Into to Galaxy Admin – Morning

Using Ansible to setup a Galaxy

Ansible is an automated computer management system that can be used to install and configure software infrastructure. Ansible scripts are called playbooks, written as yaml files, can be structured in folder hierarchy with mnay available modules.


  • avoid forgetting what you did to install and configure some software
  • codify knowledge about system
  • “make infastructure programmable”

Ansible features:

  • easy to learn (YAML playbooks, jinja2 templates, INI inventory )
  • sequential execution

Install Galaxy with ansible:

Exercise using ansible to install Galaxy here.

Install the GalaxyKickStart (GKS) playbook onto a server or VM by cloning the repo, and installing using the requirements_roles.yml. The GKS playbook is a pre-configured playbook for configuration of an operating-system independent, standard galaxy server.

sudo pip install ansible
git clone
cd GalaxyKickStart
git checkout 2018-gccbosc
# install all dependent roles
ansible-galaxy install -r requirements_roles.yml -p roles --force

You will see output similar to the following:

TASK [galaxyprojectdotorg.galaxy-extras : Yarn: Make sure package key is present] ***
changed: [localhost]

TASK [galaxyprojectdotorg.galaxy-extras : Yarn: Add Debian/Ubuntu package to sources list] ***
changed: [localhost]

TASK [galaxyprojectdotorg.galaxy-extras : Yarn: Install] ***********************
changed: [localhost]

RUNNING HANDLER [galaxyprojectdotorg.galaxy-extras : restart nginx] ************
changed: [localhost]

TASK [galaxyprojectdotorg.galaxy-tools : include] ******************************

PLAY RECAP *********************************************************************
localhost                  : ok=119  changed=95   unreachable=0    failed=0   

Taking a look at the playbook galaxy.yml we see it contains many roles that sequentially execute to produce the desired structure. We can make our own set of variables in group_vars/gccbosc18.yml, only including those variables that will override the default values of group_vars/all. E.g.

galaxy_root_dir: /srv/galaxy
galaxy_server_dir: "{{ galaxy_root_dir }}/server"
galaxy_venv_dir: "{{ galaxy_root_dir }}/venv"
galaxy_mutable_data_dir: "{{ galaxy_data }}"
proftpd_files_dir: "{{ galaxy_data }}/ftp"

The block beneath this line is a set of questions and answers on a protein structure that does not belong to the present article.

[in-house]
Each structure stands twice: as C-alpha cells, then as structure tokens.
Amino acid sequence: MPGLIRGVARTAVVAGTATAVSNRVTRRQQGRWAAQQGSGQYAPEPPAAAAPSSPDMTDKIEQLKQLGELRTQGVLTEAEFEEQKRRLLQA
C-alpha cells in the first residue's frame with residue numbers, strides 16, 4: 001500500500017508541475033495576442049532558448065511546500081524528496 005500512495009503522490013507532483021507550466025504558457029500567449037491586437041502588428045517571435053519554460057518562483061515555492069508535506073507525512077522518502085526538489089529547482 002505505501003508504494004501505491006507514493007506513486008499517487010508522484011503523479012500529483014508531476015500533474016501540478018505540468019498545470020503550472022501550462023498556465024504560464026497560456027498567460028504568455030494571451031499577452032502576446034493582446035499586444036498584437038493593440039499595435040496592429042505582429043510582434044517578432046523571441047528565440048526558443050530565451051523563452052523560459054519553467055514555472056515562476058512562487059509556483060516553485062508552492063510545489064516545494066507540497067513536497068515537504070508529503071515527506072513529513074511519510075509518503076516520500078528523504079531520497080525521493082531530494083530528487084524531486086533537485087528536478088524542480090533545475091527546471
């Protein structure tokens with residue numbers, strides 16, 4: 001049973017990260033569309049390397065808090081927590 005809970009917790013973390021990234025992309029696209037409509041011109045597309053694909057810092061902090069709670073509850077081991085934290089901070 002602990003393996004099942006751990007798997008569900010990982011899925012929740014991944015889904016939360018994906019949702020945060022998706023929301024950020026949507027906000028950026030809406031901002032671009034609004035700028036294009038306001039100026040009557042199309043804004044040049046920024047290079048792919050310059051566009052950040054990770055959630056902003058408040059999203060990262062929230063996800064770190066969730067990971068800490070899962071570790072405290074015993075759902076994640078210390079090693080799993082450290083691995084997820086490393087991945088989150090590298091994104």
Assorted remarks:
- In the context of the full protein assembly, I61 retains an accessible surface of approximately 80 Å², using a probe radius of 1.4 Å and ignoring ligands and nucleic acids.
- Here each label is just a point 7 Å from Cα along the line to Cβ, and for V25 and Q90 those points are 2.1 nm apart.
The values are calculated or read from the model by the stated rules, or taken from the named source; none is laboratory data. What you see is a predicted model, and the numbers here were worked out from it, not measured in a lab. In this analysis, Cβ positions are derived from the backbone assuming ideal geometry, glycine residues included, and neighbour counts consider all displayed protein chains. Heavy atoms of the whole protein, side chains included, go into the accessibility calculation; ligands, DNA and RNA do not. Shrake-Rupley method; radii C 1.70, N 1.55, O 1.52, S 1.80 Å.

galaxy_config_dir: "{{ galaxy_root_dir }}/config"
galaxy_mutable_config_dir: "{{ galaxy_config_dir }}"
galaxy_shed_tools_dir: "{{ galaxy_root_dir }}/shed_tools"
galaxy_tool_dependency_dir: "{{ galaxy_root_dir }}/dependencies"
tool_dependency_dir: "{{ galaxy_tool_dependency_dir }}"
galaxy_job_conf_path: "{{ galaxy_config_dir }}/job_conf.xml"
galaxy_job_metrics_conf_path: "{{ galaxy_config_dir }}/job_metrics_conf.xml"
nginx_upload_store_path: "{{ galaxy_data }}/upload_store"
tool_data_table_config_path: "{{ galaxy_config_dir }}/tool_data_table_conf.xml,/cvmfs/"
len_file_path: "{{ galaxy_config_dir }}/len"
galaxy_log_dir: "{{ galaxy_root_dir }}/log"
supervisor_slurm_config_dir: "{{ galaxy_log_dir }}"

galaxy_manage_trackster: False
galaxy_extras_config_cvmfs: True
galaxy_restart_handler_enabled: True
galaxy_mule_handlers: True
galaxy_handler_processes: 1

galaxy_config_style: yaml
galaxy_config_file: "{{ galaxy_config_dir }}/galaxy.yml"

    database_connection: "{{ galaxy_db }}"
    file_path: "{{ galaxy_data }}/datasets"
    new_file_path: "{{ galaxy_data }}/tmp"
    galaxy_data_manager_data_path: "{{ galaxy_data }}/tool-data"
    job_config_file: "{{ galaxy_job_conf_path }}"
    ftp_upload_dir: "{{ proftpd_files_dir }}"
    ftp_upload_site: ftp://[server IP address]
    tool_data_table_config_path: "{{ tool_data_table_config_path }}"
    len_file_path: "{{ len_file_path }}"
    check_migrate_tools: False
    module: galaxy.webapps.galaxy.buildapp:uwsgi_app()
    logfile-chmod: 644

  - { src: "extra-files/galaxy-kickstart/logo.png", dest: "{{ galaxy_server_dir }}/static/images/" }
  - { src: "extra-files/tool_sheds_conf.xml", dest: "{{ galaxy_config_dir }}" }
  - { src: "extra-files/cloud_setup/vimrc", dest: "/etc/vim/" }

Then add the following code-chunk to the end of the pre-tasks section of the playbook in the toplevel galaxy.yml.

  - name: Create galaxy system user
        name: "galaxy"
        home: "/srv/galaxy"
        skeleton: "/etc/skel"
        shell: "/bin/bash"
        system: yes
          - always

This creates the local system user. Then the follwoing lines were added to a new inventory file:

localhost ansible_connection=local

Now running ansible-playbook -i inventory galaxy.yml --tags "install_galaxy,install_extras" will run the playbook and install everything in it’s desired locaiton (~20min).

  • sudo supervisorctl status lists all programs
  • sudo supervisorctl restart galaxy: restarts the server with new variables if anything is changed in /srv/galaxy/config/.